Over the weekend, I posted this status on Facebook, “The passing of the peace is not liturgical halftime, nor is it the same as coffee hour. Just a random thought on a Sunday morning.” It provoked quite a reaction, getting over 125 likes and almost 80 comments as of this writing. Comments broke into two camps: “yes, preach it” and “the longer the better when it comes to the peace.” I’ve grossly simplified, but you get the idea.
Since I appear to have struck a nerve and have a freshly-out-of-hibernation blog, I thought this might make good fodder for a further look. The commenters who think a lengthy peace is fine basically fell into two groups. First, some folks said that they like it that way. If it ain’t broke, don’t fix it, they said. Meanwhile, others said the Peace offers an important opportunity to welcome guests, and we need to encourage lots of conversation to facilitate that work. Obviously, there are a variety of approaches to the Peace, to liturgy, and to the Church itself. I’d like to share some thoughts about the Peace.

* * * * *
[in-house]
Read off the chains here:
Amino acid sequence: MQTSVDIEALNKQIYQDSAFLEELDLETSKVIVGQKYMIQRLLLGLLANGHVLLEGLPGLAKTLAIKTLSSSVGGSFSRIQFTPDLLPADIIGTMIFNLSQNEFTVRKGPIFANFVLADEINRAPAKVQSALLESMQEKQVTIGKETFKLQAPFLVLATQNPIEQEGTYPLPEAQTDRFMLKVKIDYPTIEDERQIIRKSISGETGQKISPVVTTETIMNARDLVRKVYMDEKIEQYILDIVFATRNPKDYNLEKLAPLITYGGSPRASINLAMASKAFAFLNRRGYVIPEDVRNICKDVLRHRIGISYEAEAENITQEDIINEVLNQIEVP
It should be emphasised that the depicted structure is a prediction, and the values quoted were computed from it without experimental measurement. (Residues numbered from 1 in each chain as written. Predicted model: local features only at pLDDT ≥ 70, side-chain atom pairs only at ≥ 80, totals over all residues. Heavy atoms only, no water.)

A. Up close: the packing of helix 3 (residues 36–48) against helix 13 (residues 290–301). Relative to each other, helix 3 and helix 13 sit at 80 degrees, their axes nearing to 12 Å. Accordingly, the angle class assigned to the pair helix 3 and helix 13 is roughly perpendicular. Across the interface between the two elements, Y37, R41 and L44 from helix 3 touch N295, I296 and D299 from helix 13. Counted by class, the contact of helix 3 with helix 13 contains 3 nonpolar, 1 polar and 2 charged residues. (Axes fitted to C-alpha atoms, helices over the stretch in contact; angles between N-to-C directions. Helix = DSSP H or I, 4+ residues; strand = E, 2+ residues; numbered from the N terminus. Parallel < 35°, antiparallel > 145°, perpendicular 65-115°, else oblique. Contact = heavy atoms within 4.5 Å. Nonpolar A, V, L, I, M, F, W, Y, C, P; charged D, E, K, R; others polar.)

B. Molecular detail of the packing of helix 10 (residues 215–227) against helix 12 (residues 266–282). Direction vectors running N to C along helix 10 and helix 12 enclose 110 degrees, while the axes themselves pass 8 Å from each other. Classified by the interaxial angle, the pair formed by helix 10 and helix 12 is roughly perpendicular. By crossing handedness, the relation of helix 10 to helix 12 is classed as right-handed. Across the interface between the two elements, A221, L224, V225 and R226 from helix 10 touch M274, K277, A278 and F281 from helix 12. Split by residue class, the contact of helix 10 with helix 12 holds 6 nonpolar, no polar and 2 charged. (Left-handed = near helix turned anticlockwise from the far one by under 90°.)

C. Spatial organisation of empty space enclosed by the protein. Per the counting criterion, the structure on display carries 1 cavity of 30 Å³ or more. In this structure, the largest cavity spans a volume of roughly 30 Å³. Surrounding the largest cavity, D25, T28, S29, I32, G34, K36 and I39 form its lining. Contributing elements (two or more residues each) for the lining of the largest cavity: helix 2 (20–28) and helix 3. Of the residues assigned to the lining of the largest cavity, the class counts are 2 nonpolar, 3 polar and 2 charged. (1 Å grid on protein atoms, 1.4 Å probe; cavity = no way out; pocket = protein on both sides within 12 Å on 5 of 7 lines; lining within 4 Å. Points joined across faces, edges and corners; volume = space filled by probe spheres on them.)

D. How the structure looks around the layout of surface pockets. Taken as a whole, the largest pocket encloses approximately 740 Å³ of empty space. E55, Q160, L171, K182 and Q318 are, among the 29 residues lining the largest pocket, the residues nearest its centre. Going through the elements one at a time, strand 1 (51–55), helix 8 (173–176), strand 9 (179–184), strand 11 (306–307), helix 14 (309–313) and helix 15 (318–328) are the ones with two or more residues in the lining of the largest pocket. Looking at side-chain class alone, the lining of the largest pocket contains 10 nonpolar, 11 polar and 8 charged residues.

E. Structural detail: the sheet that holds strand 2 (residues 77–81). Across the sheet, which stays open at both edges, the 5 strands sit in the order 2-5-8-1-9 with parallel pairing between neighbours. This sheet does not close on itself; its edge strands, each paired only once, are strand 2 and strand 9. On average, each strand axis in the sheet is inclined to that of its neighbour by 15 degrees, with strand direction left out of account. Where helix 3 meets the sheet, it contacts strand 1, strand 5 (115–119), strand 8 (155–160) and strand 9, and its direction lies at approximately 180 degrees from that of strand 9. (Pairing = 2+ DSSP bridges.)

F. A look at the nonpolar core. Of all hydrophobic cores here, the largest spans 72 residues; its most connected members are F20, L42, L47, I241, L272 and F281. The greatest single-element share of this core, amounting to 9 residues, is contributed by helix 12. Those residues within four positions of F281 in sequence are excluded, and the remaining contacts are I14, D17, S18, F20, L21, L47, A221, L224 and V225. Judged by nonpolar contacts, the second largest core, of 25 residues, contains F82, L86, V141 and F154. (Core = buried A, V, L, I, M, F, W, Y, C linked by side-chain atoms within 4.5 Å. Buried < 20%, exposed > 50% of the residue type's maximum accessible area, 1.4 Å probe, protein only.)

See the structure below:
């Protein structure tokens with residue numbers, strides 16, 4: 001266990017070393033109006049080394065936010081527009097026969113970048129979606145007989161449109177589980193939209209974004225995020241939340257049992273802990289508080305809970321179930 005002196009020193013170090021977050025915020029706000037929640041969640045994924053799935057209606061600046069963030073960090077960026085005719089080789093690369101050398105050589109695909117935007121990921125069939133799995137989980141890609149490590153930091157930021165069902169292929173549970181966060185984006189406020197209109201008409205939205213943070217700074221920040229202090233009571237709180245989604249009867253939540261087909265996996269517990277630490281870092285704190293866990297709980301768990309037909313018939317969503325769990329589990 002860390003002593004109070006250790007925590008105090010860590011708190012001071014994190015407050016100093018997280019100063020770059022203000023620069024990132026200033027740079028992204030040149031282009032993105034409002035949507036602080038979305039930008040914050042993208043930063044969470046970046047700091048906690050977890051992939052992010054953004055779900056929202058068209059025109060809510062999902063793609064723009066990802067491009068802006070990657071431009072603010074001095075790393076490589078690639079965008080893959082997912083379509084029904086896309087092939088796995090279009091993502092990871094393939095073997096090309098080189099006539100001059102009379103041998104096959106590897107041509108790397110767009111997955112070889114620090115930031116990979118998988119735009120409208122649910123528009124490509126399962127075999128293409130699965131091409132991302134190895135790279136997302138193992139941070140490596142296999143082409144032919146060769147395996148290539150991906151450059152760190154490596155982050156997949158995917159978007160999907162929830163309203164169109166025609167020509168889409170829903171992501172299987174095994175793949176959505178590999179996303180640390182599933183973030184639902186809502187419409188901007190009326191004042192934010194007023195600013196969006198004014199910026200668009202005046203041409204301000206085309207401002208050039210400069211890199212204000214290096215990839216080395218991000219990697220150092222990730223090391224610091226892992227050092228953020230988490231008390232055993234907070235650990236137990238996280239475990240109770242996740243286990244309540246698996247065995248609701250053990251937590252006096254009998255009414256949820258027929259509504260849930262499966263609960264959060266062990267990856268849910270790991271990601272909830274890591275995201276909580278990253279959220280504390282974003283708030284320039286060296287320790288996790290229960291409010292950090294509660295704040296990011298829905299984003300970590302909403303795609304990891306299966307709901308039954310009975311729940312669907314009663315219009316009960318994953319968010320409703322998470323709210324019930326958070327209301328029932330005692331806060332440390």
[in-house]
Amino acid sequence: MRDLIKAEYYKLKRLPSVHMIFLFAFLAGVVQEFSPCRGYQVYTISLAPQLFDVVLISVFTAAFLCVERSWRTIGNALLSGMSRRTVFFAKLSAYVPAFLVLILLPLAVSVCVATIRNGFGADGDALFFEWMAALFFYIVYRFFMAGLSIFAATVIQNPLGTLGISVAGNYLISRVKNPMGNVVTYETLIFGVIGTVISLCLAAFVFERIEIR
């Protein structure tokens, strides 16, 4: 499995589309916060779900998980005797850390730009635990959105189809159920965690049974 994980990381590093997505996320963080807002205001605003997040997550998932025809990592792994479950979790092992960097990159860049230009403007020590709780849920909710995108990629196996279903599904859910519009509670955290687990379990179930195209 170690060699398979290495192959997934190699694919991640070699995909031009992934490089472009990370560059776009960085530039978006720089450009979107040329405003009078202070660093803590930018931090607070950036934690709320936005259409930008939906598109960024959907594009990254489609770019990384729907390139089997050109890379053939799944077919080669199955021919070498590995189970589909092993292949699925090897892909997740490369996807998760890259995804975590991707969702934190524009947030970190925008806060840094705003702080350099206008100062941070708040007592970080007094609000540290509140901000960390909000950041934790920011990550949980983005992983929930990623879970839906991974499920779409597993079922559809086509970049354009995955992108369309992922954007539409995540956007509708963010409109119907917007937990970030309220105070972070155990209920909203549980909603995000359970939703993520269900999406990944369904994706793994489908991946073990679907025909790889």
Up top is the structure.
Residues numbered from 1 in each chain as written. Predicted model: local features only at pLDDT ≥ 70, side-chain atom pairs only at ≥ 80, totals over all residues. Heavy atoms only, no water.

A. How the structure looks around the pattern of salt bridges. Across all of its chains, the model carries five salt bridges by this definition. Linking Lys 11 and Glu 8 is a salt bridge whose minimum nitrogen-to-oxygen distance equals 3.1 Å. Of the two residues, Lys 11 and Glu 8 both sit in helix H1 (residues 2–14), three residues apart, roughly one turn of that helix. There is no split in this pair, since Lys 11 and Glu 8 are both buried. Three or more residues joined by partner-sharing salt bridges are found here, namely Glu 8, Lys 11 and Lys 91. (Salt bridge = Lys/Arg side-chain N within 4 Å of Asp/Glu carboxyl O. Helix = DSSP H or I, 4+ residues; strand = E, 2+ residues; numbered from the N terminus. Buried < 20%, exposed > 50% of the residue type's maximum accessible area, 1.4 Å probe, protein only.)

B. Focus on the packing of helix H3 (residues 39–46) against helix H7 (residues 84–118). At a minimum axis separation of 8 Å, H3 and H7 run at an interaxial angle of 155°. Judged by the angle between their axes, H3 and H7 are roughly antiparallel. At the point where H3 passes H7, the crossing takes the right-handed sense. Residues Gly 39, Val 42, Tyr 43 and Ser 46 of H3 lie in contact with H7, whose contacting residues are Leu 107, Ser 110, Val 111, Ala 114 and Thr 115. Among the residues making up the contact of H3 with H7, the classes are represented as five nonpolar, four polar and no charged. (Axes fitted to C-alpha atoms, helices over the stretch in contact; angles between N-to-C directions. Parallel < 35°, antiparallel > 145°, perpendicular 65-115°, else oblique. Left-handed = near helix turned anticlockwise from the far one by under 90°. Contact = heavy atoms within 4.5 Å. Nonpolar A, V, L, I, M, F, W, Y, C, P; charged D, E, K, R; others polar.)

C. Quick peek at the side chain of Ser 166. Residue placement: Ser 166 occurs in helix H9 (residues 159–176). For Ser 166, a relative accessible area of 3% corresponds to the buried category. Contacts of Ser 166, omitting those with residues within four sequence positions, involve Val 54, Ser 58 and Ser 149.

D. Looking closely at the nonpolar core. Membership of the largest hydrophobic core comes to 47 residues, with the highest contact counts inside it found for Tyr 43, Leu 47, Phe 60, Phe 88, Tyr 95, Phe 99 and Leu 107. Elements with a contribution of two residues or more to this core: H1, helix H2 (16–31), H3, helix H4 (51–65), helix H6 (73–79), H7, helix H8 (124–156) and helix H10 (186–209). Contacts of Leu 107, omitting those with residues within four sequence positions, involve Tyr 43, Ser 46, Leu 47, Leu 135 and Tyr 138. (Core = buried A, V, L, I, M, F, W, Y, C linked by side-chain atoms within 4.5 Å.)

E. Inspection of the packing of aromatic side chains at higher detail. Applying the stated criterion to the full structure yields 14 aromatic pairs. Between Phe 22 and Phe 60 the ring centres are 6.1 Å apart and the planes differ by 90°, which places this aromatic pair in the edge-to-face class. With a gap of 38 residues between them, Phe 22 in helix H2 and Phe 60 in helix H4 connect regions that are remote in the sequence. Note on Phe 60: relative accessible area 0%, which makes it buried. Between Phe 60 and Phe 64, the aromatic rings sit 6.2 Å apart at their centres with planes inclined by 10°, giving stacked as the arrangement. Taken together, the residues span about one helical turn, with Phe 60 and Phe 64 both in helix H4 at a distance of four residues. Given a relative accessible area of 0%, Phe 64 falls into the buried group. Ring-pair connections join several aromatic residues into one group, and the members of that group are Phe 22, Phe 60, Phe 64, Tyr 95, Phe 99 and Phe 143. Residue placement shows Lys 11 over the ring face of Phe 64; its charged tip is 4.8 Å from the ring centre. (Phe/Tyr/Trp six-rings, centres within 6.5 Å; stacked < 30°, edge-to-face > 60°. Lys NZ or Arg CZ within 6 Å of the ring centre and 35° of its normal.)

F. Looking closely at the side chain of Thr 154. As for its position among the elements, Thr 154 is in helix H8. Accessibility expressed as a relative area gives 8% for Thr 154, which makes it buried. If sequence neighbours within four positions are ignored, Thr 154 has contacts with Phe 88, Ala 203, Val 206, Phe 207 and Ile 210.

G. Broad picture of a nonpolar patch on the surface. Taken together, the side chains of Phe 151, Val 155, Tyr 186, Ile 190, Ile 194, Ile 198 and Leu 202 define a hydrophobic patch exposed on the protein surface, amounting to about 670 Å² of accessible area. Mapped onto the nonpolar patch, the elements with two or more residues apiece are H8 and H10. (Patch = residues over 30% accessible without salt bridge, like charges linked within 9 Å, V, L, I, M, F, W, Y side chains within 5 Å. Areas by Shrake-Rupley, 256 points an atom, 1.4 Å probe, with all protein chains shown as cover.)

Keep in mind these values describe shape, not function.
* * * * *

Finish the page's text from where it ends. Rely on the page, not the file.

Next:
The Peace is primarily intended to prepare us to receive Holy Communion. Here I quote the awesome but too-rarely-used Exhortation from our prayer book:
But if we are to share rightly in the celebration of those holy Mysteries, and be nourished by that spiritual Food, we must remember the dignity of that holy Sacrament. I therefore call upon you to consider how Saint Paul exhorts all persons to prepare themselves carefully before eating of that Bread and
drinking of that Cup.